A look at housing subsidization in Washington

Community articleTaryn Zard, Staff Writer 


Washington is a beautiful state, but it is also a very expensive place to live in. As the cost of living continues to increase statewide, residents look for places where the expenses are not as burdensome. One-way people are able to afford a place to live is by taking advantage of subsidized housing. 

Subsidized housing comes about through the work of various corporations to lower the rates charged in certain areas. The U.S. Department of Housing and Urban Development released its revised income limits that determine the qualifications of who is allowed subsidized housing. For a family of four, the annual household income is required to be $72,000 or less, in order for them to qualify for subsidized housing. 

For those living in Snohomish and King Counties to qualify for low income housing, they must make no more than 80 percent of the average income per household. Of that population, 50 percent are earning $48,000, which is considered low income, and 30 percent are earning $28,800 a year or less, which places them in the extremely low income household category.

Pierce County has a Section Eight Housing waitlist that has a random time frame assigned in which applicants can attempt to be added to the “lottery pool” for the housing choice voucher. There is an extensively high volume of applicants, which makes it almost impossible to even guarantee a spot on the waitlist. Within Thurston County, applicants are also placed on a waiting list, with a varying time frame of when people can apply. If an applicant is selected, they pay an average of 30 to 40 percent of their income to the Housing Authority of Thurston County, which then pays the remaining amount of cost directly to the landlord. 

According to the director of the Housing Authority of Thurston County Rental Assistance, Karen McVea, “There are far more income eligible households than there are dollars to fund the needs. Thus, we accept applications and then use a lottery system to place names on the waiting lists.” The Housing Authority of Thurston County serves approximately 2,000 households and rental subsidies within the Thurston County area. Section Eight Housing used to be called the Housing Choice Voucher program, and is a federally funded housing assistance program intended for low-income and extremely low-income families, alongside the elderly and disabled. The program was designed to alleviate the stress of paying for costly housing, while also providing safe housing for individuals who cannot afford other places.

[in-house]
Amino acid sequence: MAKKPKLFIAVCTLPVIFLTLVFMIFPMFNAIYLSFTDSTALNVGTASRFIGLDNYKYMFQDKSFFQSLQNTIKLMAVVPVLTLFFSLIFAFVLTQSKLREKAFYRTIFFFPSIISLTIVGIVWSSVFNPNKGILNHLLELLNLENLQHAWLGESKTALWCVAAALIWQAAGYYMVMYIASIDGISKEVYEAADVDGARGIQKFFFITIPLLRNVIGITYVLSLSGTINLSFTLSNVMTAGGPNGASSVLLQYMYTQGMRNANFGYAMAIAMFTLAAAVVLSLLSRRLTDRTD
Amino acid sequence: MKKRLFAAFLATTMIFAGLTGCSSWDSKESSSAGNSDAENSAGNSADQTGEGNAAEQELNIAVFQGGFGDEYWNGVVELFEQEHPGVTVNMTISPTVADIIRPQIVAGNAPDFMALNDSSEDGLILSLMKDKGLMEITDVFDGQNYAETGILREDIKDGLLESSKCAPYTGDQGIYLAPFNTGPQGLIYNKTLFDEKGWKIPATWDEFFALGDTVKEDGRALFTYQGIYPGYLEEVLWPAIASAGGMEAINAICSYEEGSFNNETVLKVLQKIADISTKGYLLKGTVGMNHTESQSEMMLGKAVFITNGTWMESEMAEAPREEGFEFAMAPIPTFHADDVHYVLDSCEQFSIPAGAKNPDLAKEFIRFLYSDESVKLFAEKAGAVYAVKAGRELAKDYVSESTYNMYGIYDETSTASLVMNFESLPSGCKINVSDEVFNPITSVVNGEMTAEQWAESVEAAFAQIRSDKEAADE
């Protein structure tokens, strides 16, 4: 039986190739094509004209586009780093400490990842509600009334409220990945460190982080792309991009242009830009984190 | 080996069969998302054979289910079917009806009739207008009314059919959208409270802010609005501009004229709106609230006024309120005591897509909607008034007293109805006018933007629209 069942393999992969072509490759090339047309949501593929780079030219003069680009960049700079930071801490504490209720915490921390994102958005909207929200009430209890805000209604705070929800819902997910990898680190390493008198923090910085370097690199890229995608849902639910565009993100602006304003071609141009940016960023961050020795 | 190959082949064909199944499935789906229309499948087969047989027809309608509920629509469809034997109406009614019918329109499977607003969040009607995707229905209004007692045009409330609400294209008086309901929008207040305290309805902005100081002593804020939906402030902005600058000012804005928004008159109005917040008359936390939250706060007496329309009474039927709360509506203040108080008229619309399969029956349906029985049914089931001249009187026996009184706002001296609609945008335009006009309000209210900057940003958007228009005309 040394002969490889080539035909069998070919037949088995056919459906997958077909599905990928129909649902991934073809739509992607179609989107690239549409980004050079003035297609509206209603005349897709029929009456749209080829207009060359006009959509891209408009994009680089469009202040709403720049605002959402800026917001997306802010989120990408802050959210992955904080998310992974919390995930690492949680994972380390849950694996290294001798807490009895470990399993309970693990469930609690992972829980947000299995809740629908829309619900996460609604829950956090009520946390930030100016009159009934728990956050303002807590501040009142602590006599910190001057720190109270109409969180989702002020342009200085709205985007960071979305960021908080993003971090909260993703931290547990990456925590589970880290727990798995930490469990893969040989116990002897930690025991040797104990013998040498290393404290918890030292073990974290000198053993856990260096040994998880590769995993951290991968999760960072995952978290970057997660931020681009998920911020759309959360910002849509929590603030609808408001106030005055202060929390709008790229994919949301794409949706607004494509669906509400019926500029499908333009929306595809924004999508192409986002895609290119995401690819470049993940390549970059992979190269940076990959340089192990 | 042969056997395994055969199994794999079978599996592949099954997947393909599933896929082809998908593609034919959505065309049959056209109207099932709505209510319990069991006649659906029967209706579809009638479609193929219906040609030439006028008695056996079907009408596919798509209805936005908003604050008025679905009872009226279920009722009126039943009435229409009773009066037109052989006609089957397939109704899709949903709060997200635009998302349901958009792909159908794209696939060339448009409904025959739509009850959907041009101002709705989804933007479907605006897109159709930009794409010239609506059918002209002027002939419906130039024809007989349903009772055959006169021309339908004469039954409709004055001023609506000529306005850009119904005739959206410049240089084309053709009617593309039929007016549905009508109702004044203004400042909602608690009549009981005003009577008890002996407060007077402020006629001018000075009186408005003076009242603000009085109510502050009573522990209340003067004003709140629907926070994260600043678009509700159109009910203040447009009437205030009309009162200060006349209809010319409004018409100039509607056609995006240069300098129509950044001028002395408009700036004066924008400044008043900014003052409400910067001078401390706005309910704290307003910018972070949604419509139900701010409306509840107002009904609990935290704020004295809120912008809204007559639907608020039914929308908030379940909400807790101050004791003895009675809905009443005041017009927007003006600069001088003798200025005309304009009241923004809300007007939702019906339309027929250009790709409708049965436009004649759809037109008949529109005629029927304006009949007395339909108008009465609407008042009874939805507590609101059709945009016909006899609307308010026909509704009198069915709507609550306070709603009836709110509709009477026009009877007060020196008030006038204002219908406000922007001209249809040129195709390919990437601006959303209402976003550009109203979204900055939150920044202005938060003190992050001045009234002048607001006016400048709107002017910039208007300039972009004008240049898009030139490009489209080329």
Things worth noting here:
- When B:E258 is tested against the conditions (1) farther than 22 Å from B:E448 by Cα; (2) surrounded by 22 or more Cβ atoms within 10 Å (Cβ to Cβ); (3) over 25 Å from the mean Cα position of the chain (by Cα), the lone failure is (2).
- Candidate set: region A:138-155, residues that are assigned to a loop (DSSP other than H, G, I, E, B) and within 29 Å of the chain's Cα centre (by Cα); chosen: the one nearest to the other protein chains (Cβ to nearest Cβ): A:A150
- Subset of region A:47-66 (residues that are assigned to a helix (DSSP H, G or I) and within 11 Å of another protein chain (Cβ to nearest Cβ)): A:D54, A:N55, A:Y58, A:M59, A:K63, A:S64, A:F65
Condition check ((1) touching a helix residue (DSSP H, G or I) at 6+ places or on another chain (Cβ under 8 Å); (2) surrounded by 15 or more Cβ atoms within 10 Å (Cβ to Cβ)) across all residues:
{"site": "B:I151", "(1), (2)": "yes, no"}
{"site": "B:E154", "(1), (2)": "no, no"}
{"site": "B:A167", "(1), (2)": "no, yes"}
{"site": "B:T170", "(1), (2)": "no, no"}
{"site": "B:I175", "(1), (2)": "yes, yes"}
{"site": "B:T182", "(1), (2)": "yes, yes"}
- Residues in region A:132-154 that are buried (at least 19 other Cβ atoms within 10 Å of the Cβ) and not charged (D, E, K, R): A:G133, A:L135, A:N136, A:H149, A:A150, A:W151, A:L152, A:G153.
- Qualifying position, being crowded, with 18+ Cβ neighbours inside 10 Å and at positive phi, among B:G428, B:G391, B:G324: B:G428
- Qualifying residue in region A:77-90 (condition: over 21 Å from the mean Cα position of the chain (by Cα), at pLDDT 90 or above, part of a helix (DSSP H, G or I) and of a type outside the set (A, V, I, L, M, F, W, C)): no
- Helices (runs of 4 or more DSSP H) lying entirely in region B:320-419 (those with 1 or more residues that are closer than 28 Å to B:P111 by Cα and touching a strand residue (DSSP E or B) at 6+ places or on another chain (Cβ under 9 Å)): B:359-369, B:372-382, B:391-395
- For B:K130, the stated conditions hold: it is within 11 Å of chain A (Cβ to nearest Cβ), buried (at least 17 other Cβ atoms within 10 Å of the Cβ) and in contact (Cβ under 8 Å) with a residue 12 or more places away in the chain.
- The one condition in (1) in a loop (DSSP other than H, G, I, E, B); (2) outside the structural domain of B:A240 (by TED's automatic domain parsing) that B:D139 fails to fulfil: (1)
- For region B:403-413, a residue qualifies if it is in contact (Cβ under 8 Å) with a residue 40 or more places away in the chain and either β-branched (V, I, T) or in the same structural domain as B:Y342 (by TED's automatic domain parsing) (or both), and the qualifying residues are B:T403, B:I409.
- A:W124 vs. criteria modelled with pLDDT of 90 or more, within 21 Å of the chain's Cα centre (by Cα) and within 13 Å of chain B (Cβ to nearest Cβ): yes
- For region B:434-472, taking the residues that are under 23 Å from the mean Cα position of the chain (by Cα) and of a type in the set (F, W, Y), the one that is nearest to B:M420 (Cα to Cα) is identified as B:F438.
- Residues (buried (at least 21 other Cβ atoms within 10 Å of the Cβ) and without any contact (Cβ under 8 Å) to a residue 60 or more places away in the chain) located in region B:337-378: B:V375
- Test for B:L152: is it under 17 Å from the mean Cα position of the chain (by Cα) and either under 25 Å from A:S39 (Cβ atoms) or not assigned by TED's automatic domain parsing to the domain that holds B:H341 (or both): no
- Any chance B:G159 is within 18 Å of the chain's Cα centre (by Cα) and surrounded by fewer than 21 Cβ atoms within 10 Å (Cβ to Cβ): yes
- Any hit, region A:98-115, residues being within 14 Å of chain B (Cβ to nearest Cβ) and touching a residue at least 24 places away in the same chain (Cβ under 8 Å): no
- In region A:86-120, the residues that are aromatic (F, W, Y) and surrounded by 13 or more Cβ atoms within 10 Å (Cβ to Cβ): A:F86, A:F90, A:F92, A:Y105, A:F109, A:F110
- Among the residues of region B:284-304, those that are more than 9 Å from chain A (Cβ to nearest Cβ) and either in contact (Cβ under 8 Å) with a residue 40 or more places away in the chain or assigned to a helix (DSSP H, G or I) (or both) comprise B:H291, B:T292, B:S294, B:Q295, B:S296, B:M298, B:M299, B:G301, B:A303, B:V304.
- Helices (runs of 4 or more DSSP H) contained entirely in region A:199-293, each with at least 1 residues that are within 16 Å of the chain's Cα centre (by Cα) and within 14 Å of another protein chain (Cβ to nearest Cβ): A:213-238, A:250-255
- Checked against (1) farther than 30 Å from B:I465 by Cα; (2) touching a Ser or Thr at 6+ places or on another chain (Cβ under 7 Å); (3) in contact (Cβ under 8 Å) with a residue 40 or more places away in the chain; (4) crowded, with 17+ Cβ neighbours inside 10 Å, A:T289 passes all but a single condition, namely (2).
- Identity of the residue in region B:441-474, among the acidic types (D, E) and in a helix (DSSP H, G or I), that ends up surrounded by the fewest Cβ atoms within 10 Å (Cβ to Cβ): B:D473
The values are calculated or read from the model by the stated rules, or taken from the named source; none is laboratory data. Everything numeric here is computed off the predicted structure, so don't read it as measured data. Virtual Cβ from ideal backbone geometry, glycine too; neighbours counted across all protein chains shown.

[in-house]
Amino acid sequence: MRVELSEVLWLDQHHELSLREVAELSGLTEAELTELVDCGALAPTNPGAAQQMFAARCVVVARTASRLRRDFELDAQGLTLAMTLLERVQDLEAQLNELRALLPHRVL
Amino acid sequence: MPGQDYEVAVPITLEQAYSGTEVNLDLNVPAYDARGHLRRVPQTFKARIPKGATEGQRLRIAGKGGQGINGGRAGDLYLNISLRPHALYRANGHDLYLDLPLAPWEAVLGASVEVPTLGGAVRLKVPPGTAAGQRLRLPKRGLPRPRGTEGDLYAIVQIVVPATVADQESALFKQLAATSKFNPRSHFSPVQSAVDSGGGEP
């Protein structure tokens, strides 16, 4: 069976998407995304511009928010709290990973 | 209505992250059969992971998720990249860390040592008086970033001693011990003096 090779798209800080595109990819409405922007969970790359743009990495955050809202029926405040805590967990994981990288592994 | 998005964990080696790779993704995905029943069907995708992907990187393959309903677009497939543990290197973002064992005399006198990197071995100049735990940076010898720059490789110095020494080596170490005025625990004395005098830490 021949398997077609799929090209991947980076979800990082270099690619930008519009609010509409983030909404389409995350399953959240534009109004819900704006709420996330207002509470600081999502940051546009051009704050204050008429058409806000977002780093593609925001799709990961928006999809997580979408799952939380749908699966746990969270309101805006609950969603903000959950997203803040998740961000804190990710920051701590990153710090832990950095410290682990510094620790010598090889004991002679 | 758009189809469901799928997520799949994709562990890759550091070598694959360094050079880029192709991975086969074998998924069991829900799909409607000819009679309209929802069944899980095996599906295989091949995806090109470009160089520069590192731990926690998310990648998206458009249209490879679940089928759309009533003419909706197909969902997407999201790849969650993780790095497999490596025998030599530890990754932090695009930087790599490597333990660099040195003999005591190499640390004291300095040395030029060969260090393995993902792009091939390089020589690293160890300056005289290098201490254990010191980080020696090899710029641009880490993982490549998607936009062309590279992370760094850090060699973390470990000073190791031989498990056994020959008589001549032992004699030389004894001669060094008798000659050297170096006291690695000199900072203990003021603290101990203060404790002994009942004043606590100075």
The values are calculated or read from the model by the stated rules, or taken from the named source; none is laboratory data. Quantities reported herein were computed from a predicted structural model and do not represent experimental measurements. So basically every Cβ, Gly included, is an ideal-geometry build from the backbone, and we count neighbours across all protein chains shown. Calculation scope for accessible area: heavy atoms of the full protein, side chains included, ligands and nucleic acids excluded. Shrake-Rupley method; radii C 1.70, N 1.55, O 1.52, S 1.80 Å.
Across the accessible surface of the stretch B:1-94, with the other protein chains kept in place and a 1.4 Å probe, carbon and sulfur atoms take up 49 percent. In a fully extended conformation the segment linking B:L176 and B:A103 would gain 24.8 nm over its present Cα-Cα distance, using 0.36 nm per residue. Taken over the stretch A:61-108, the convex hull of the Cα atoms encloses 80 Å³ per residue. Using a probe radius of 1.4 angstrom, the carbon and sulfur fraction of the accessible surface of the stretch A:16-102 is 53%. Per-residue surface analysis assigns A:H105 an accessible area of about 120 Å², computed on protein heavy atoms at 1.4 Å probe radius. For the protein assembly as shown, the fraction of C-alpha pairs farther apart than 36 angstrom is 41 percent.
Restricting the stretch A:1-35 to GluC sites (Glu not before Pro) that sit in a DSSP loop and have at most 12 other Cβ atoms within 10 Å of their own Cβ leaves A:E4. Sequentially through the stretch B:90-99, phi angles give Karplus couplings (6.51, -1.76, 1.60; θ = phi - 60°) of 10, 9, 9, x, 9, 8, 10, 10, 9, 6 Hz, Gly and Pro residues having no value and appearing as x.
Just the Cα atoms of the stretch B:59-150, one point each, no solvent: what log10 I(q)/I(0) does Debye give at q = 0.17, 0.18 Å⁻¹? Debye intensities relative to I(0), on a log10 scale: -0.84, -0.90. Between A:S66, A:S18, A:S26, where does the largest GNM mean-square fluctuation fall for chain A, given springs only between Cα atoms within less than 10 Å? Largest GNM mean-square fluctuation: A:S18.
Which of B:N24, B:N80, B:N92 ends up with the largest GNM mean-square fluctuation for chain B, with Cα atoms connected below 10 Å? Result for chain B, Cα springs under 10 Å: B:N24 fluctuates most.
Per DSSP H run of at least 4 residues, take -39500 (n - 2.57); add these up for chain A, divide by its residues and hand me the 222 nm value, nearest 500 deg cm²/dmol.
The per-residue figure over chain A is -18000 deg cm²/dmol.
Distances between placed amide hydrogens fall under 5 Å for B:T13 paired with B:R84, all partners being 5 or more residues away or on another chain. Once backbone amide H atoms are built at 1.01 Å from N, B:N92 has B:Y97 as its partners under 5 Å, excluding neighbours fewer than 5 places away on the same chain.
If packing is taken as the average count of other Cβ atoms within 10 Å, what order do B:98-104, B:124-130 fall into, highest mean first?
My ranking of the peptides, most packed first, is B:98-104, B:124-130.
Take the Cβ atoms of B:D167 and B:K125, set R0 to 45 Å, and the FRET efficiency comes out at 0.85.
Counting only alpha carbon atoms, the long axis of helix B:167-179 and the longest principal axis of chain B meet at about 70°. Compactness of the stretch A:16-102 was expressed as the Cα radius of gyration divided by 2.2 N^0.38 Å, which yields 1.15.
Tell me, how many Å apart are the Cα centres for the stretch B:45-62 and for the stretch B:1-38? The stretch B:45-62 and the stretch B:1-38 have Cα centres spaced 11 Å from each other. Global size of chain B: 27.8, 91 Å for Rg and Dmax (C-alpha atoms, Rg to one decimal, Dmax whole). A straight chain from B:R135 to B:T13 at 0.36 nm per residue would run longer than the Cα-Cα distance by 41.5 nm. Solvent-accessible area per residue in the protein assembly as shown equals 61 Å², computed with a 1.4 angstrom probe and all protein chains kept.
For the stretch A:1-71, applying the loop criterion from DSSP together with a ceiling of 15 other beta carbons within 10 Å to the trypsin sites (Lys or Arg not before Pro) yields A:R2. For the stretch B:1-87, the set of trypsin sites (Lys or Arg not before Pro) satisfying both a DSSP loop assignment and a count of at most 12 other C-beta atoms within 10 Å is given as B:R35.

In September 2019, Microsoft loaned $60 million to King County Housing Authority at lower interest rates to buy five residential apartment complexes located in Kirkland, Bellevue, and Federal Way. The complexes will help maintain 1,029 affordable units in the long-term and help save renters over $450 million for the next 30 years. 

Habitat for Humanity is a well-known volunteer organization that helps provide low-income housing. The organization works with volunteers and a small team to construct neighborhoods that have smaller houses that make the most of the inside. The layout of the houses makes the most of space while also keeping in mind that a smaller household lowers heating and electrical bills. After a family obtains a house from the organization, they “pay it forward,” and work on other houses so that more families and people can live in an affordable home. Habitat for Humanity has a disaster response team of volunteers and donors which travels to areas that were struck by disaster in order to provide shelter, and assistance with education and training for those affected by the disaster, while they also work to rebuild the destroyed homes. 

Families all over the U.S. and around the world partner with Habitat for Humanity to build better lives and provide homes for families. Those that get a home from the organization often become long-term volunteers and help build houses even after their contract to do so expires. Former President Jimmy Carter and former First Lady, Rosalynn Carter have partnered with Habitat for Humanity for over 35 years, having started their efforts to build affordable homes in March of 1984. Alongside thousands of volunteers, the Carters have helped build and repair 4,331 homes, and traveled to 14 different countries in partnership with Habitat for Humanity. In January 2020, Saint Martin’s University’s Circle K International club partnered with the Thurston County Habitat for Humanity to help with the construction of a couple houses in the Tacoma area. The Club has mentioned going back to help the organization as there is a strong sense of partnership and fun, while also helping people obtain safe and affordable living.





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